“X-ray materials, transparent fabrics, floaty silks and sheers will create a lightness and soft romantic element to this trend, which embodies an optimism for where we have come from and where we are headed.”




Our experts almost unanimously agree that copper and rose gold will be out by 2017.

“As a material, copper is BEAUTIFUL and will always be in style in some way or another,” says the Nathan + Jac team.

“However, the oversaturation of cheap and shiny imitation copper just ends up looking like you’ve tried too hard, and by doing so, you’ve already missed the boat.”

In its place, a more industrial aesthetic is anticipated.

“Warm metals like copper, brass and rose gold will continue to be on trend for autumn/winter 2016, but as we move into summer 2017 you’ll see a shift away from this super polished look,” says Diane Cocksey, Senior Interior Decorator at Freedom.

“I expect you’ll see a more industrial aesthetic, with black steel and burnished metals taking over the home.”



With marble homewares all the rage in the mass-produced homewares market, we can soon expect a sharp decline in interest.

“Marble has had a good run, but it’s time for a change,” Cocksey says.

“Look forward to raw, earthy textures like timber, clay and wicker.”


Quote artworks

After years of popularity, consumers will predictably move away from quote artworks.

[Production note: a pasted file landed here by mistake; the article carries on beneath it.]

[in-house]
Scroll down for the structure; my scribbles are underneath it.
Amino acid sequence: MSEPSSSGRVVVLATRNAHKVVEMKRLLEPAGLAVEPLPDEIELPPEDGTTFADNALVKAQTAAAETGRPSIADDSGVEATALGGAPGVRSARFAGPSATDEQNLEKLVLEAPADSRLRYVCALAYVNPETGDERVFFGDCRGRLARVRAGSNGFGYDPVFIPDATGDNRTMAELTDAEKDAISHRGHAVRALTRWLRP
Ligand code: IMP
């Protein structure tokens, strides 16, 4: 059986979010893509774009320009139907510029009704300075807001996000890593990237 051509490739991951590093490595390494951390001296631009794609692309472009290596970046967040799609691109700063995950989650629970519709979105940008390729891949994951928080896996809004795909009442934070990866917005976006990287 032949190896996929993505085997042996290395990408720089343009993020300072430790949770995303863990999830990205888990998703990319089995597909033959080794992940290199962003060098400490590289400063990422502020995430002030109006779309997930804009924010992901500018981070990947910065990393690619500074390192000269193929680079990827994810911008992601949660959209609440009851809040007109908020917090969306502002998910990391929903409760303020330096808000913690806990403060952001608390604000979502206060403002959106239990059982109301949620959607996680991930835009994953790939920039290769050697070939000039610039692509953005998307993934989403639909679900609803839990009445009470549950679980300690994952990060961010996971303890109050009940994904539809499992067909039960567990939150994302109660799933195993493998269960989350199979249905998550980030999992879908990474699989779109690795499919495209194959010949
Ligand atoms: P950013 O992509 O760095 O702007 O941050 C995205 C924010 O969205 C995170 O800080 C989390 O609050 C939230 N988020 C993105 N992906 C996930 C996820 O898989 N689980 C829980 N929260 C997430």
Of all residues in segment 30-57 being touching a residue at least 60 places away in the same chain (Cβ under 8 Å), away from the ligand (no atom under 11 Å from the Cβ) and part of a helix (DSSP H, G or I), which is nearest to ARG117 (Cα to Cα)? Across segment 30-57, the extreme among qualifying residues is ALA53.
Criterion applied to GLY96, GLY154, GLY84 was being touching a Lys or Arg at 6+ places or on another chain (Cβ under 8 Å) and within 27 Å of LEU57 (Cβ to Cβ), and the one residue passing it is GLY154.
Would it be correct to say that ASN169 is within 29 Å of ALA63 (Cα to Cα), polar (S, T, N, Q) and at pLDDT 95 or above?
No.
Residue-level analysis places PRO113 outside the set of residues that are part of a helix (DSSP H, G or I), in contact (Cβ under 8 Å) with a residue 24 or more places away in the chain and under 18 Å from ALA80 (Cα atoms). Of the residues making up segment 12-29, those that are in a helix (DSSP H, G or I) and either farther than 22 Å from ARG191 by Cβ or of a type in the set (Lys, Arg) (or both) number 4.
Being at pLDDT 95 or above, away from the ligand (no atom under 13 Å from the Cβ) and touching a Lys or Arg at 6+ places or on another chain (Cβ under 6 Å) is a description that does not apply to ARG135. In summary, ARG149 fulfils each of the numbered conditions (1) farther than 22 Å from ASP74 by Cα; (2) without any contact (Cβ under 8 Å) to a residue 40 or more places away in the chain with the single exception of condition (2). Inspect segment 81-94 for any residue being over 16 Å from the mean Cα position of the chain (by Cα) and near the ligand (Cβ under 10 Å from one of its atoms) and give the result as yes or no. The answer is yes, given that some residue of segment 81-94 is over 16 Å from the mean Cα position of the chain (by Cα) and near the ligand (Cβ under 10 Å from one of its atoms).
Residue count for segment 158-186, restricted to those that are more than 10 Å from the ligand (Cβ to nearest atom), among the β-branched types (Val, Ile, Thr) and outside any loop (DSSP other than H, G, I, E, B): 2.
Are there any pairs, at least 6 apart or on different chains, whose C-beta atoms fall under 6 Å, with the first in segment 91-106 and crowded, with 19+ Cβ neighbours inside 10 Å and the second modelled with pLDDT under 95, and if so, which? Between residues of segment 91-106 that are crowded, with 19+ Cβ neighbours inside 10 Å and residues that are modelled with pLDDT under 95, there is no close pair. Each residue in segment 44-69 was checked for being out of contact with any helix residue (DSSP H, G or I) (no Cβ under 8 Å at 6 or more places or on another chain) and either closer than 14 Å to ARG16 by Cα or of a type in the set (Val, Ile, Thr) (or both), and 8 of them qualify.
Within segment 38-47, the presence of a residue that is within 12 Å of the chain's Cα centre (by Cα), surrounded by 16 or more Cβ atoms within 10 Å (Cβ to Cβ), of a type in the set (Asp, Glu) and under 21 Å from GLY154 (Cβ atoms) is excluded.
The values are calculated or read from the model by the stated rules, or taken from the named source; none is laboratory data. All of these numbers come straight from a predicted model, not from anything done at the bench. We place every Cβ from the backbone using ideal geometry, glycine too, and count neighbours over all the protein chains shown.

“[They’re] so cliché,” says the Zwei interiors team.

“We have all seen the ‘Keep calm and …’ posters and they have had their day,” Macer says.


Fiddle leaf figs

Once a feature of every magazine spread, the fiddle leaf fig will soon be substituted for a new statement indoor plant.

Not only are consumers arguably tired of the fiddle leaf fig’s look (and increasingly frustrated by the high prices and wait periods) it’s also proven difficult to keep alive in southern Australian climates given it’s native to parts of western Africa.

“The staple indoor plant needs to have an update. Move over fiddle leaf figs, the olive tree is coming,” Blomfield says.

Open plan living

Defined living spaces are returning to modern homes as consumers seek more private home layouts.

“As people have now lived with the open plan living areas incorporating kitchen, living, dining and even study areas, they have found problems with acoustics and cooking smells through the space,” Macer says.

“The living, kitchen and dining areas could be located around central courtyard, breaking up the large open space.”


Subway tiles

Modern bathrooms and kitchen commonly feature the humble subway tile due to the affordable price point and its versatile look. However, the proliferation of this look will see its popularity decline.

“We have seen them at our local cafe and basically they’re everywhere,” Macer says.

“A BEAUTIFUL option for a kitchen splashback is a “finger” or “kit-kat” tile. Long and thin, they look great laid in vertical or horizontal rows.”


If you need advice for a home loanbusiness or commercial loanself-managed super fund loan, or an investment home loan, speak to a broker at Lending Specialists. We have a wealth of experience under our belt and a robust network to connect you to the right industry professional for the loan you need.